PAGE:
Hannukah: eight days of reflection and celebration

Hang on for a minute...we're trying to find some more stories you might like.


Email This Story






The+Hanukiah+has+been+lit+for+another+night+of+Hanukkah.+Many+families+in+the+Jewish+community+will+light+their+Hanukiahs+for+the+holiday+this+December.+
Back to Article
Back to Article

Hannukah: eight days of reflection and celebration

The Hanukiah has been lit for another night of Hanukkah. Many families in the Jewish community will light their Hanukiahs for the holiday this December.

The Hanukiah has been lit for another night of Hanukkah. Many families in the Jewish community will light their Hanukiahs for the holiday this December.

Photo courtesy of artimaginacion.com

The Hanukiah has been lit for another night of Hanukkah. Many families in the Jewish community will light their Hanukiahs for the holiday this December.

Photo courtesy of artimaginacion.com

Photo courtesy of artimaginacion.com

The Hanukiah has been lit for another night of Hanukkah. Many families in the Jewish community will light their Hanukiahs for the holiday this December.

Advertisement

The month of December is known for being festive as it plays host to various holidays. Amongst those holidays is the Jewish holiday of Hanukkah; a holiday that holds symbolism and importance. Lasting eight nights, Hanukkah is a special holiday in the Jewish community.

“My favorite part of the holiday season is buying gifts for people and being with family,” junior Kira Krucoff said.

The history of Hanukkah dates back to around 200 B.C. when the land of Israel was taken over by Antiochus III. His son, Antiochus IV Epiphanes, who took over after him, outlawed the Jewish religion and ordered that the Jews worship Greek gods. He also ordered his soldiers to attack Jerusalem and in doing so, the soldiers massacred thousands of people and destroyed the holy second Temple, replacing it with an altar to Zeus.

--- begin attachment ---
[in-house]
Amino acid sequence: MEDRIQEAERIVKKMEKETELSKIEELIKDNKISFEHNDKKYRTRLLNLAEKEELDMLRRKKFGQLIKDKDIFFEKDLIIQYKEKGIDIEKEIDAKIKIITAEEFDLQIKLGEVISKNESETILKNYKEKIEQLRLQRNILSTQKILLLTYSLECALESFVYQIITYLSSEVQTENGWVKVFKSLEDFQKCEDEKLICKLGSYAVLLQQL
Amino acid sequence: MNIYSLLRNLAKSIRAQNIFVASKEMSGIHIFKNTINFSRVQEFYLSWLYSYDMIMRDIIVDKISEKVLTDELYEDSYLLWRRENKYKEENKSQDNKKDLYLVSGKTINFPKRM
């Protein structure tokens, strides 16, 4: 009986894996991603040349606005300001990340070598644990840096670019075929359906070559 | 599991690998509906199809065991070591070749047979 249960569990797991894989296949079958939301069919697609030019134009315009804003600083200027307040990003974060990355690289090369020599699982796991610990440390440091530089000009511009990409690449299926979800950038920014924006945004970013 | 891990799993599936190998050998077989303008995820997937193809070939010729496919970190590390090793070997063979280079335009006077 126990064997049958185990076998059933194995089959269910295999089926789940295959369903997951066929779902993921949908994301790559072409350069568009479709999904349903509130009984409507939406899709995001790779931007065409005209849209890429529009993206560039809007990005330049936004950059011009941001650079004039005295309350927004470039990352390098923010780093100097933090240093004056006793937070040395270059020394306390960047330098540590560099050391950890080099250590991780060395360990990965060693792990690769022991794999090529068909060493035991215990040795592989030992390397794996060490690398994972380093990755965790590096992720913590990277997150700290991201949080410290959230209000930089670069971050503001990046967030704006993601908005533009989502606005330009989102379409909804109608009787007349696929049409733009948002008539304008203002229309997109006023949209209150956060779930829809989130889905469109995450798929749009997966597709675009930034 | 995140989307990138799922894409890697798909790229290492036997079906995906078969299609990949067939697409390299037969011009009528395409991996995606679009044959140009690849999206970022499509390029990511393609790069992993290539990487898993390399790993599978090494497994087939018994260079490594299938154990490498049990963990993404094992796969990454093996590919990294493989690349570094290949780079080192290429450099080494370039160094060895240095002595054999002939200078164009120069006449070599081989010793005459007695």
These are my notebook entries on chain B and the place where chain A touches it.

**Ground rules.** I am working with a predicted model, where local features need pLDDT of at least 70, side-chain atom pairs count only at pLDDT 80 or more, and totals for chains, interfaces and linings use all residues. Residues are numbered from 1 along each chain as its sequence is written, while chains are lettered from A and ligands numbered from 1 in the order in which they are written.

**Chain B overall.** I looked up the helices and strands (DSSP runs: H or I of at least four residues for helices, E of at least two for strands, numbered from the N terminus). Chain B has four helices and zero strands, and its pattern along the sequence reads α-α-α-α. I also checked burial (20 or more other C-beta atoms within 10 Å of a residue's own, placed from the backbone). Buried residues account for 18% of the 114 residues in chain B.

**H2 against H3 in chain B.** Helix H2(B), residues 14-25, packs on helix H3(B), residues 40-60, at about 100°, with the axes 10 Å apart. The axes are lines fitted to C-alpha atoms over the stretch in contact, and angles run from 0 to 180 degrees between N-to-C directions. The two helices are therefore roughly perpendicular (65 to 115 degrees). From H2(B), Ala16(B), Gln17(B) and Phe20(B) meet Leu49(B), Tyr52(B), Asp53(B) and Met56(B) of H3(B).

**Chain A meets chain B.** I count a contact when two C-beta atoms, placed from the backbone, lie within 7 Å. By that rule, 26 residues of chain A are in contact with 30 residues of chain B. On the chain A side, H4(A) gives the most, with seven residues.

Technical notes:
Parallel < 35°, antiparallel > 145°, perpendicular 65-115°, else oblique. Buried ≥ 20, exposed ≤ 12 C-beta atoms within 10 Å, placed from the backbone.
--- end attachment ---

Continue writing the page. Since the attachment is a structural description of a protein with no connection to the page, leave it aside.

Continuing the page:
In response to this tragedy, a rebellion broke out, lead by Jewish priest Mattathias and his five sons. When Mattathias died, his son Judah Maccabee took control and within two years they had successfully driven the Syrian oppressors out of Jerusalem. According to Jewish tradition, in their rededication efforts of the second Temple, a miracle was witnessed. Despite there being only enough oil to keep the menorah candles lit for a single day, it instead lit for eight nights. In dedication to this miraculous happening, the Jews henceforth celebrated the eight night holiday known as Hanukkah.

“It’s important to remember the history of Hanukkah because we celebrate the eight nights the oil burned and how we survived together as Jews once again,” junior Alex Nevo said.

As Hanukkah is celebrated in Jewish households this December, the triumph of the Maccabees will be remembered and Hanukiahs (nine-branched candle holders) will be lit each night to symbolize each day that the oil lasted. There will be fried foods to eat such as potato latkes; families will sing songs and some will even give presents.

“My favorite Hanukkah tradition is lighting the menorah with my family because I enjoy spending time with them,” junior Lucas Guberman said.

No matter what holiday you celebrate this December, it will be a joyous month of festivities across all religions. Whether you’re going to services, getting presents or simply spending time with family, the holidays are always a special time of the year.

Print Friendly, PDF & Email
4
0